Is Weight Watchers really the biggest loser after its light bulb blunder?

While Weight Watchers has pulled any ad spend around its new Black offering following a light bulb stunt, Simon Canning argues the controversial sex-based campaign has probably inadvertently already achieved for the company.

Weight Watchers hit the headlines this week for all the wrong reasons, suffering a social media backlash accusing it of fat shaming after sending several female journalists light bulbs which might help improve their sex lives.

What could have been a bold and engaging campaign dealing with body image issues and the impact it has on the sex lives of thousands of people, instead looked to have turned into a ham-fisted attempt to grab some free column inches that led to the downfall of the campaign before it had even begun.

But is it actually a failure for Weight Watchers?


At the very heart of the apparent failure of WW Black was its introduction. When first introducing something, whether a person or a product, it is wise not to make suggestions about a person’s character or self worth.

The arrival of a bulb suggesting the recipient might not be as fit and trim as they would like to be and therefore has to have sex with the lights off was never going to end well, and the hoped for column inches with influencers turned into a torrent of tweets asking what were they thinking.


Further, the implication that overweight people couldn’t enjoy sex was an affront to the very target market Weight Watchers was aiming at.

Weight Watchers had used its research which showed a large percentage of women were so unhappy with their own appearance they did not want to have sex with the lights on, while a quarter of them avoided sex altogether, to inform the direction of the campaign.

With no context around the message the media coverage was fast and furious and within two days Weight Watchers had scrapped any further promotion of WW Black, effectively ditching the ad spend around what could have been an interesting campaign to differentiate the brand in a relatively homogenous market.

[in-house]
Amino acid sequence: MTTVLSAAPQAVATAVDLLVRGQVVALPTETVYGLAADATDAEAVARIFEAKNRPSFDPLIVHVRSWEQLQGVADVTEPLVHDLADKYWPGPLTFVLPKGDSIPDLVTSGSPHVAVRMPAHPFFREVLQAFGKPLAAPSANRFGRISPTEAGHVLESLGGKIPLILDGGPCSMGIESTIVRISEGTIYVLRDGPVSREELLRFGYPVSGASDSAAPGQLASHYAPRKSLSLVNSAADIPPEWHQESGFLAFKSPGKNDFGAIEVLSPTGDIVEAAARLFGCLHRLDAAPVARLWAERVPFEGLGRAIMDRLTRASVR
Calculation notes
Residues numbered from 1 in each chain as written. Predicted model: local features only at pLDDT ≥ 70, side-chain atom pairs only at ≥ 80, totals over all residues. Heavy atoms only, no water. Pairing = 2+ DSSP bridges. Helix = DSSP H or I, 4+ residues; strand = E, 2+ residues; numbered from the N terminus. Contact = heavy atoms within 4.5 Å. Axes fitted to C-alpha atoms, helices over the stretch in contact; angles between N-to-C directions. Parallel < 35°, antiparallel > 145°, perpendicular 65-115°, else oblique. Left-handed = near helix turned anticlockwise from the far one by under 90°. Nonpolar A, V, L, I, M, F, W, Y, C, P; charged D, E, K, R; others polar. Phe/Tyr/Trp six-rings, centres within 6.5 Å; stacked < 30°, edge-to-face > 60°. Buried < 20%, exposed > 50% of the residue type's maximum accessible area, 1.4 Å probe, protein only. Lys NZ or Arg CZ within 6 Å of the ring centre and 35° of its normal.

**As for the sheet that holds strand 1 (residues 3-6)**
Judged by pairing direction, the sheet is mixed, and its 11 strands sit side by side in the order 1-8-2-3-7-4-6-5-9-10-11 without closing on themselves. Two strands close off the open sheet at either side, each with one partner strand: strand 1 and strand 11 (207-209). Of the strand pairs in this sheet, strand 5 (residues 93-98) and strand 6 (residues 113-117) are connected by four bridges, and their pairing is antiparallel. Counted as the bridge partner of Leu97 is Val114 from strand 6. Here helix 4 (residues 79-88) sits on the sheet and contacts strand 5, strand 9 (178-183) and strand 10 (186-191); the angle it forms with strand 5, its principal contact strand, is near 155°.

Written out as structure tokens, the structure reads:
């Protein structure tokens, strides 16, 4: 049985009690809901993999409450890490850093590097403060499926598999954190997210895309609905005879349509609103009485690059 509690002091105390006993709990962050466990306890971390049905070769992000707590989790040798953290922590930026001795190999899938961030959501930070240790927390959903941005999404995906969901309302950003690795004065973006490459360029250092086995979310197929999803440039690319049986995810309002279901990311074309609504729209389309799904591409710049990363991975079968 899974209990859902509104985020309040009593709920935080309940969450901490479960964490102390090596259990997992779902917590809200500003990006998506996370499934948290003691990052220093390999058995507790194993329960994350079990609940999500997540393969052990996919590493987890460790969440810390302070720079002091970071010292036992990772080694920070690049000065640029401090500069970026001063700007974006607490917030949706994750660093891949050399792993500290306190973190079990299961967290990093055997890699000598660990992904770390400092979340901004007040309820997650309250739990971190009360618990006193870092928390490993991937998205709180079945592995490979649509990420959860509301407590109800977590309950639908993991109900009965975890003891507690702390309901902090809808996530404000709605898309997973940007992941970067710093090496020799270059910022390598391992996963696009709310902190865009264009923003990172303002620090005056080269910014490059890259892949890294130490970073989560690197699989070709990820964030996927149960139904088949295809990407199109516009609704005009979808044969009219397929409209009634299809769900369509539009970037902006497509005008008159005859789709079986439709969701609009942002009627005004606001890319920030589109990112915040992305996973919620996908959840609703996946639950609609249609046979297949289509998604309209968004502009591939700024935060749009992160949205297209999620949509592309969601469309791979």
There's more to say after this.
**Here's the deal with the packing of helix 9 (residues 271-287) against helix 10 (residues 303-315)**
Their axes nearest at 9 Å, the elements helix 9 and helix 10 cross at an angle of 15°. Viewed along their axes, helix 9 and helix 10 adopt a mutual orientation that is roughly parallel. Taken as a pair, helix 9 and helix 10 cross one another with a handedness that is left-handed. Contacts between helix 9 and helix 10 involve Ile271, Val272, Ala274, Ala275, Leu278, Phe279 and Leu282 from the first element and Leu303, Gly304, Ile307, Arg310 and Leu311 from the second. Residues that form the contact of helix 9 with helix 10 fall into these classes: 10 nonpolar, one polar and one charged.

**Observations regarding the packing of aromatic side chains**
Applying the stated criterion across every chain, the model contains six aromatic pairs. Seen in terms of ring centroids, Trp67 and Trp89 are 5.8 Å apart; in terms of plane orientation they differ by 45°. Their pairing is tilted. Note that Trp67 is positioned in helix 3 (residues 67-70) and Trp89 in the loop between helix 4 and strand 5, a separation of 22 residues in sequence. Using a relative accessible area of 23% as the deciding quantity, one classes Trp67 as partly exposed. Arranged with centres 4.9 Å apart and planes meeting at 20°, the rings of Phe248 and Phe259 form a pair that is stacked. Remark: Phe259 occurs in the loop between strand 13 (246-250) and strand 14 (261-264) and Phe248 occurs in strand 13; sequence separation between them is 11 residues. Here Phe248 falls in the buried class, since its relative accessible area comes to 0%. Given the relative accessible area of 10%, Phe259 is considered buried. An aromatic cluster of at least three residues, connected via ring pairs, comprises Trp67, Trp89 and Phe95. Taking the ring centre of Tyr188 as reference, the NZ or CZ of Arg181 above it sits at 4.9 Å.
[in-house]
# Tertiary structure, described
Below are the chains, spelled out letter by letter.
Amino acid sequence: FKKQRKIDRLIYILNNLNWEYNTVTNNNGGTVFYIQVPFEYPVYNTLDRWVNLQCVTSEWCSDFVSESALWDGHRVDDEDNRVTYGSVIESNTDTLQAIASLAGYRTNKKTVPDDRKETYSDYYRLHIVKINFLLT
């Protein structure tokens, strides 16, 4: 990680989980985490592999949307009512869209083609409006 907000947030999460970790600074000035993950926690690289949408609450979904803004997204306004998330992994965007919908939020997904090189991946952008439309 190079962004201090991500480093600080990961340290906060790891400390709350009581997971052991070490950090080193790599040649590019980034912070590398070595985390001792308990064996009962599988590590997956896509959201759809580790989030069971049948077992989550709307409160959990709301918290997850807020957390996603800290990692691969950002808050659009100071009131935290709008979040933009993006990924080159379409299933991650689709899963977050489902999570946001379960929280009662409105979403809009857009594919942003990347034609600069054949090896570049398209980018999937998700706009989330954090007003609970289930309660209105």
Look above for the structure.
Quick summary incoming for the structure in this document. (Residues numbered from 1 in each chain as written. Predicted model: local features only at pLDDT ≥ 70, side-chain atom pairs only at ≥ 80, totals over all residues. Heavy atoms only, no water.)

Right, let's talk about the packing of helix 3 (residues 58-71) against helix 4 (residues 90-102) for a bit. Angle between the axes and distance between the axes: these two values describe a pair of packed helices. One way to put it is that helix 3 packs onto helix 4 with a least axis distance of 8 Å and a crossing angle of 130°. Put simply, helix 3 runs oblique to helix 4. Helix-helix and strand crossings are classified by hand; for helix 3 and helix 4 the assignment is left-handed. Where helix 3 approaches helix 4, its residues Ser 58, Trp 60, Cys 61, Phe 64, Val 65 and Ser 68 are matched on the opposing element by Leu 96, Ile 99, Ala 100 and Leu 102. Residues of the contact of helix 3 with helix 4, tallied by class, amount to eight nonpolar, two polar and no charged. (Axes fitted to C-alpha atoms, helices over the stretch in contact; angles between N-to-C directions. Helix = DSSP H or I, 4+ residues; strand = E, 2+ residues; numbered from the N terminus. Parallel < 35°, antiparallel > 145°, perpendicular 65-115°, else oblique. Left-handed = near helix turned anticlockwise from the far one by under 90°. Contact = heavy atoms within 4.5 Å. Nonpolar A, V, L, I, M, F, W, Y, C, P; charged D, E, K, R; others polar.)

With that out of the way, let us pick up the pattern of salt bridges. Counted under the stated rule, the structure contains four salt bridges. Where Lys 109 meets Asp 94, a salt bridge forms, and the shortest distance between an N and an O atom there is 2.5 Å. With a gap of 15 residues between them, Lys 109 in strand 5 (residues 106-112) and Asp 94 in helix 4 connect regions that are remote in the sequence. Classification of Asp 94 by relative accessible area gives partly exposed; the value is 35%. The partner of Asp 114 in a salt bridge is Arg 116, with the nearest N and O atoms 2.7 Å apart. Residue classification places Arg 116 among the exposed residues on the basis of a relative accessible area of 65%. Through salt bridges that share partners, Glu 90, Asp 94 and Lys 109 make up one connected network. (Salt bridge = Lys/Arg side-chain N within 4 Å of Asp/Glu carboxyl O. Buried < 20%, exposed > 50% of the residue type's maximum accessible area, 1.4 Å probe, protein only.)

But Weight Watchers has left the supporting film by BMF, showing real members pondering their sex lives and how it is effected by their weight, live on its Youtube channel, and it’s already gained nearly 9,000 views after initially being pulled down and then reinstated.

The campaign was aimed squarely at triggering a national conversation about body image that would have taken the brand into new and uncharted territory. It’s certainly done that, even if much of the early critique was around fat shaming, courtesy of its bungled launch.

But in pulling above-the-line spend on the campaign perhaps Weight Watchers is not the biggest loser after all.

The ads actually remain on its Youtube channel and have garnered more views than the combined total for the rest of its videos from the last nine months already.

More importantly sources suggest traffic to the WW Black site and sign ups have been healthy. Arguably those pouring scorn on the campaign may not have been in its target market to begin with.

The campaign has achieved more column inches than it would otherwise have expected and the company gets to save on its planned media spend with the decision to stop active promotion.

While the launch of the campaign may have been botched, what looked like a dim idea at the outset may prove in hindsight to be very bright indeed.


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